What opportunities does digitalization offer for the design and evaluation of individual feedback? The adoption of digital technologies in the workplace, education, and consumer settings enables information about one’s choices and actions to be stored in bits, which substantially reduces the cost of storing, computing, and transmitting data on individual behavior. This thesis investigates how principals in different settings can use these technologies and data to design and evaluate tailored feedback programs based on individual effort profiles. The first two studies focus on the workplace and report on impact evaluations of a tailored peer-comparison feedback program and a peer-coaching program. The main finding is that peer coaching is effective in improving worker productivity, especially among workers who initially performed poorly, but the improvements tend to diminish over time. Tailored peer-comparison feedback is generally ineffective in altering workers’ behavior. The third study employs a new online learning platform to measure student effort and to target procrastination by letting students observe in real time how they perform relative to their own study plans. A field experiment shows that this treatment induces students to set more ambitious study goals, but actual study effort and learning outcomes are unaffected. The final study uses a new communication technology from a field partner to elicit both incentive-compatible and non-incentivized individual risk attitudes of a large group of consumers in a natural field setting. The studies in this thesis highlight the many promises and a few limitations of digitalization for tailored feedback design and individual preference elicitation.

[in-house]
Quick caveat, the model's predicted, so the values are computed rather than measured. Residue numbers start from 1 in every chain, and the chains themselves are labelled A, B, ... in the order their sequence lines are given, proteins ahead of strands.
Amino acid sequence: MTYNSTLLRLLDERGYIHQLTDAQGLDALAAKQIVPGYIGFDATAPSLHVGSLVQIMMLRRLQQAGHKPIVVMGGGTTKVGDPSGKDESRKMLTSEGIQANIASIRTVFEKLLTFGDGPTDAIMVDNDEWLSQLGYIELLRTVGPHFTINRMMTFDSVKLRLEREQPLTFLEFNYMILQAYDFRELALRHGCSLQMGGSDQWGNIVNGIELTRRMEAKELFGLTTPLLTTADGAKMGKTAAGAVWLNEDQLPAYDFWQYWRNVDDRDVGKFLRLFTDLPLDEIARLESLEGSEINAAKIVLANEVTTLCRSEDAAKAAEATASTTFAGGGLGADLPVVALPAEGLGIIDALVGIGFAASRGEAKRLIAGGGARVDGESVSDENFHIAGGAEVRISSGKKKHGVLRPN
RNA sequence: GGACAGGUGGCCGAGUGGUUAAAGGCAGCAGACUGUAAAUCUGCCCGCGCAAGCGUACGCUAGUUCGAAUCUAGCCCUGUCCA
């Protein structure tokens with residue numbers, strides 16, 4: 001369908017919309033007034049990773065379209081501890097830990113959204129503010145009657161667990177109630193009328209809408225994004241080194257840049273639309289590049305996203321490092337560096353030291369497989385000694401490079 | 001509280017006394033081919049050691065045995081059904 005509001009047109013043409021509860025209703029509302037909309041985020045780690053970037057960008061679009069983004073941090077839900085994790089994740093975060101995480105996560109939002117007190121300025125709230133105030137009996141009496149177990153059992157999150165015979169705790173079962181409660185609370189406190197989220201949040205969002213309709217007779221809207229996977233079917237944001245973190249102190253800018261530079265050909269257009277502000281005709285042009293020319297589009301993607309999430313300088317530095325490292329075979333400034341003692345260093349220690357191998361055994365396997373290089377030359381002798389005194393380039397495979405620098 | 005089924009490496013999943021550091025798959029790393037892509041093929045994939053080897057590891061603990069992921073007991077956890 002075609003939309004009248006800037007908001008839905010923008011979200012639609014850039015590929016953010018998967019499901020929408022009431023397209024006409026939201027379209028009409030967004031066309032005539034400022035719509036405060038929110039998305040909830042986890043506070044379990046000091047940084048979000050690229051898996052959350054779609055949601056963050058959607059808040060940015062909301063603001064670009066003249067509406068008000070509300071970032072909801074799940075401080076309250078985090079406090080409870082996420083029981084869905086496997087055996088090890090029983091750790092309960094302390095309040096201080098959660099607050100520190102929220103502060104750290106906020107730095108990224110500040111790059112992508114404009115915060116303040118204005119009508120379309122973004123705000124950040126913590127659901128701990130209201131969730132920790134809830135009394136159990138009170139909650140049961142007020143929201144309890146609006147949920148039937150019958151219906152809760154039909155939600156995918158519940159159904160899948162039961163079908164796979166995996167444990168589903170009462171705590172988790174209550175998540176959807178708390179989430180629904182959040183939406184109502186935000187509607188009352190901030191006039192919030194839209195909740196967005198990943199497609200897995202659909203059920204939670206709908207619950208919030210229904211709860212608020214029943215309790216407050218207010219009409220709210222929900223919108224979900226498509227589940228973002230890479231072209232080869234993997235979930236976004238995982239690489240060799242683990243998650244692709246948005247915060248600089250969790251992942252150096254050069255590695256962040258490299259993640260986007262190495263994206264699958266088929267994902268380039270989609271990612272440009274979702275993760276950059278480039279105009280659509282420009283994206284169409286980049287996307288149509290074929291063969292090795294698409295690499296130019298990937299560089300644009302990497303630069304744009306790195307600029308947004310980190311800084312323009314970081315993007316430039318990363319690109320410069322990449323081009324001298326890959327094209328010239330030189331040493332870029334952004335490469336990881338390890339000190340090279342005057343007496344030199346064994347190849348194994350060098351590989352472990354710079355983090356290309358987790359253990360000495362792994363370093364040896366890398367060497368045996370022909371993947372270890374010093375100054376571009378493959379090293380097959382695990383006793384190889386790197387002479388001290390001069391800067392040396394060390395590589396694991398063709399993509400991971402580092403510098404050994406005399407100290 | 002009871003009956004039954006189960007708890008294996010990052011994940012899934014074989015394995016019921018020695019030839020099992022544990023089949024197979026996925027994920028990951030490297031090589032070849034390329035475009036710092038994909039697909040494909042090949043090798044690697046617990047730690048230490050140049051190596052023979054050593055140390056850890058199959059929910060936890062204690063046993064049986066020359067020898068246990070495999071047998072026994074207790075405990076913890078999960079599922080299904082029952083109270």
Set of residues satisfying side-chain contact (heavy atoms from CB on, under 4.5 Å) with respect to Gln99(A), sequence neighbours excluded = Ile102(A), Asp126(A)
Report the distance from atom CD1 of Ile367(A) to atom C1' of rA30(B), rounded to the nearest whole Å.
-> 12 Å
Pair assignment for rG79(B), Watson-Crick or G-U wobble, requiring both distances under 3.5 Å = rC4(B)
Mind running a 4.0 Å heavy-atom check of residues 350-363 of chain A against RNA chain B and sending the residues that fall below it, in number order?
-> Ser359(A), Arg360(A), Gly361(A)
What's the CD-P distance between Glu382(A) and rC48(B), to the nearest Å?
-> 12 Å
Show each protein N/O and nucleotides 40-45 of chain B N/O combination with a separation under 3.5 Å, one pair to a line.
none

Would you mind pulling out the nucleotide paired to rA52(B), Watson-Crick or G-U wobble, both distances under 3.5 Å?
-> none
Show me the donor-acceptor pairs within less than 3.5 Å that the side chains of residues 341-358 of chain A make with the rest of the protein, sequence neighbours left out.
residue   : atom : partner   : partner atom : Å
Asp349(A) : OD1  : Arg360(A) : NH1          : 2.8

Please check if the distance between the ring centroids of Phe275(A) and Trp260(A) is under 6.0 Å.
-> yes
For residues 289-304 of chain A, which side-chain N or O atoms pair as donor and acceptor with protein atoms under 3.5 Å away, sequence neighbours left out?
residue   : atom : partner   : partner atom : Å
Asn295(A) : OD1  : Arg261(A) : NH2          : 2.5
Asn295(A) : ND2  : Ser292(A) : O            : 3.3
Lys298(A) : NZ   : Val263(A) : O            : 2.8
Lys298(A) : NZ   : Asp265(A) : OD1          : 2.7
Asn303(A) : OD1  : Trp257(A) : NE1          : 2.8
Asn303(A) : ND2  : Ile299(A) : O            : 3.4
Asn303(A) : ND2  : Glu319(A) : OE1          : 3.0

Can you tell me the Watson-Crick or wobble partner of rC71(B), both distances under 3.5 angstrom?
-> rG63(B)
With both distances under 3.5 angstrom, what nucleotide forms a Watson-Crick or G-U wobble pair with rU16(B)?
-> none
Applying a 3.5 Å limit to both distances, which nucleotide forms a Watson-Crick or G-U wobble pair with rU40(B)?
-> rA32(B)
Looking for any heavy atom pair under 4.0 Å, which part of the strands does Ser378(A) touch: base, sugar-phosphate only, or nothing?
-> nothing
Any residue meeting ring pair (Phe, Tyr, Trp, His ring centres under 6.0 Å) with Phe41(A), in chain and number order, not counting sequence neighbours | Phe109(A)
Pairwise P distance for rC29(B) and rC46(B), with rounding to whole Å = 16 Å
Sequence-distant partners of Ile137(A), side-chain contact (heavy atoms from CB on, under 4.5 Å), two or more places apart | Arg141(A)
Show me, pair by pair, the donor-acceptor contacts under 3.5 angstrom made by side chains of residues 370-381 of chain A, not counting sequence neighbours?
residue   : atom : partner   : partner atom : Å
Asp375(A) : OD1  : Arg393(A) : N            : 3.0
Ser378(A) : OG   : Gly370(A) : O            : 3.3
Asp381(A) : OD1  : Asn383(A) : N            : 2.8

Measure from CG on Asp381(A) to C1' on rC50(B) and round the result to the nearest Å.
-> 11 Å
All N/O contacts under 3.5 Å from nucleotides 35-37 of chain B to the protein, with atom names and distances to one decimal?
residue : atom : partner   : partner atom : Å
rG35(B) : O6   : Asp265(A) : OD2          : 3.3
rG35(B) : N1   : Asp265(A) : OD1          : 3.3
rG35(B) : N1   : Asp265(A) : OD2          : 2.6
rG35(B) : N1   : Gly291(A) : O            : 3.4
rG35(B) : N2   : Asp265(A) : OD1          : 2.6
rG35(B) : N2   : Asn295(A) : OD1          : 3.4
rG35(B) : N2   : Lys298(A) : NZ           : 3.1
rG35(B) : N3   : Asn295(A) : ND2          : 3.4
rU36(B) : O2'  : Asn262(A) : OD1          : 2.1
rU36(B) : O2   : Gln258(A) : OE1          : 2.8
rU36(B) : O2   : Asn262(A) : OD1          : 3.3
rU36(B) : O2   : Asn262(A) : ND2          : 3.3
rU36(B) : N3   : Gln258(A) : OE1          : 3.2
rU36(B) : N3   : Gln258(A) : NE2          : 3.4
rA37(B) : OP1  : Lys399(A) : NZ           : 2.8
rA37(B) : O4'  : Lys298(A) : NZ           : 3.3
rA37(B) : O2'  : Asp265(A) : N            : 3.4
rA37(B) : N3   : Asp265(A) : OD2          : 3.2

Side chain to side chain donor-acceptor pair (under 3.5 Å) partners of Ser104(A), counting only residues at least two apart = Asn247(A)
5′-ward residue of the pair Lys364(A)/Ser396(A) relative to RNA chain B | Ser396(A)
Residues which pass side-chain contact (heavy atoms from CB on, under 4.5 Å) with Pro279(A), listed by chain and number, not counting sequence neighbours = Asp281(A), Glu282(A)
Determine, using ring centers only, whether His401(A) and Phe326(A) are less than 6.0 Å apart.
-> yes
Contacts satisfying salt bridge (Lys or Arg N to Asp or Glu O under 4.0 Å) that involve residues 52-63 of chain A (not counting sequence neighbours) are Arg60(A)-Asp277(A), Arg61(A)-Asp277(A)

|Qualification||Doctor of Philosophy|
|Place of Publication||Groningen|
|Publication status||Published - 2020|